An Open Letter to Print Journalists
Update (10/7/10): The Future of Print Journalism
Whither the Senate?
Whither John Boehner?
Whither South Carolina?
This post is not for Fox “News” or other “infotainment” media. They are beyond redemption. It’s for our remaining responsible “journalists,” those who still claim that title with pride.
Yes, I mean you, at the New York Times and the Washington Post, as well as anyone from the Wall Street Journal who still rejects vassalage to Rupert Murdoch.
As reporters, you write often of our national decline. As pundits, you deplore it and bewail our sorry national fate. But what are you doing about it?
Most of you have spent your careers learning how to dig up hidden facts and find, prime and cajole sources. You can do all the things you say we bloggers can’t or don’t do.
Fair enough. Most of us―myself included―have little or no training in journalism, and no experience in the “shoe-leather sleuthing” that is your stock in trade.
But where is that trade when we need it most? Why aren’t you giving us the facts we need to know?
As examples, I pose the following ten specific questions. All have obvious political, economic or social importance. Where are your answers?
1. Voodoo Economics. The argument that tax cuts (especially for the rich) increase tax revenue is a perennial. It’s been with us since Reagan. It should be named for Dracula, not voodoo, because it keeps coming back from the grave. I see echoes of it in almost every exchange of comments on economic politics.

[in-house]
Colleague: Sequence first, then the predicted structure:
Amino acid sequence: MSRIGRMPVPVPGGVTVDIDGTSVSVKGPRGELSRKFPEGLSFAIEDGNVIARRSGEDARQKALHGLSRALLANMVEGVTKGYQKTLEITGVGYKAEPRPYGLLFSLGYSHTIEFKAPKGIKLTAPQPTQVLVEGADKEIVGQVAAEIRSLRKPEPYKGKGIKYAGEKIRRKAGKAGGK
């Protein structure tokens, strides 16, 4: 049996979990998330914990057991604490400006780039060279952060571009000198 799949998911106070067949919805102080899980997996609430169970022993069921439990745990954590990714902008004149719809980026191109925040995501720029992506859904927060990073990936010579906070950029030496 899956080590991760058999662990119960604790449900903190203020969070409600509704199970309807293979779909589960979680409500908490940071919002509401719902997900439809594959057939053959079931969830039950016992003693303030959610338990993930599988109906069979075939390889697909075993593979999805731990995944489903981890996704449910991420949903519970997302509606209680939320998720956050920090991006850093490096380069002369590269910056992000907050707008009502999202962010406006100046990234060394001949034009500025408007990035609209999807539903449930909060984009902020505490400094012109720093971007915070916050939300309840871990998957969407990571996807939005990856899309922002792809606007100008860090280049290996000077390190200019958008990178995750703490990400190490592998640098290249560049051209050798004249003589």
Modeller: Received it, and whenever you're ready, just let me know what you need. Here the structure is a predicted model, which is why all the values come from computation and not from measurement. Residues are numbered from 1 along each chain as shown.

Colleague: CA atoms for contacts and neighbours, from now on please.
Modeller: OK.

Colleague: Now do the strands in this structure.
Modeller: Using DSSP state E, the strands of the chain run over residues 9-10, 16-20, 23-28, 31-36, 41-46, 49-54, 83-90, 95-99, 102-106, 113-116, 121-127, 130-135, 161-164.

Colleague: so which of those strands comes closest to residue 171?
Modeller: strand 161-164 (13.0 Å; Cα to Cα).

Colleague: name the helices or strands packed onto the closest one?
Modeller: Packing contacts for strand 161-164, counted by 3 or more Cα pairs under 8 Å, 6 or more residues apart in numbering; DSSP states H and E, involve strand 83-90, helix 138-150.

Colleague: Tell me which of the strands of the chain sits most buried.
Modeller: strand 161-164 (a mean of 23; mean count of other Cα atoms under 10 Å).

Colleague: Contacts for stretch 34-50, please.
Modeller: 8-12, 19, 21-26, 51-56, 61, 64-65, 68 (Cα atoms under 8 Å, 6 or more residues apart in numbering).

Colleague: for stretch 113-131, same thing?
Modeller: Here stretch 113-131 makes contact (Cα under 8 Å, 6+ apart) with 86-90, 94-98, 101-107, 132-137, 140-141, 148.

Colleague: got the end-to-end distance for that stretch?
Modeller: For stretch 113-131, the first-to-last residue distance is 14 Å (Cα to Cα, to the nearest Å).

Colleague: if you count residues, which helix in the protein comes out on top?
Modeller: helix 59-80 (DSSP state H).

Can’t we settle it once and for all? It would be a simple matter for a good economics reporter to sit down and make a table (or a graph) of tax revenue after every tax cut and tax increase since 1986. Give us the data, with links to authoritative sources, and let us readers judge for ourselves. And put it on line so we bloggers can link to it.
I’ve never seen such a table or graph in any mainstream publication. Why not?
2. Energy Costs. For all but the rabid right and left, the most important fact about energy is cost. What are the relative costs of coal, nuclear, wind and solar power, per kilowatt-hour delivered, and how are they figured?
For years I’ve been looking for answers to these questions on the Web. I’ve found no credible comparison from any source. The reason, I suspect, is that everyone manipulates the figures.
That’s easy to do. The biggest component of cost—especially for wind and solar power, which have near-zero marginal cost—is the cost of plant. Coal has a long history from which we can estimate plant costs fairly accurately. But wind, solar and nuclear are different. The wind and solar industries are too new (and undergoing too rapid development) to have stable track records. And we haven’t built a new nuclear plant, let alone one with new designs, in thirty years.
So the amortized-plant costs of wind, solar and nuclear power have no track record. They must be “constructed” i.e., estimated from speculative or projected figures for plant construction, useful lifespan of equipment, and maintenance. Letting the public know what the real cost comparisons are, or even that existing claims are bogus, would be a great public service. It’s a job worthy of some aspiring economics reporters, of whom we have far too few today.
3. China’s Leaders. Slowly our elite are coming to grips with the facts that China: (1) is Communist in name only, (2) enjoys a highly educated Mandarin bureaucracy, and (3) is likely to overtake our democracy on many industrial and economic benchmarks by mid-century, if not before. Yet apart from so-called “China experts,” Americans’ ignorance of China is boundless.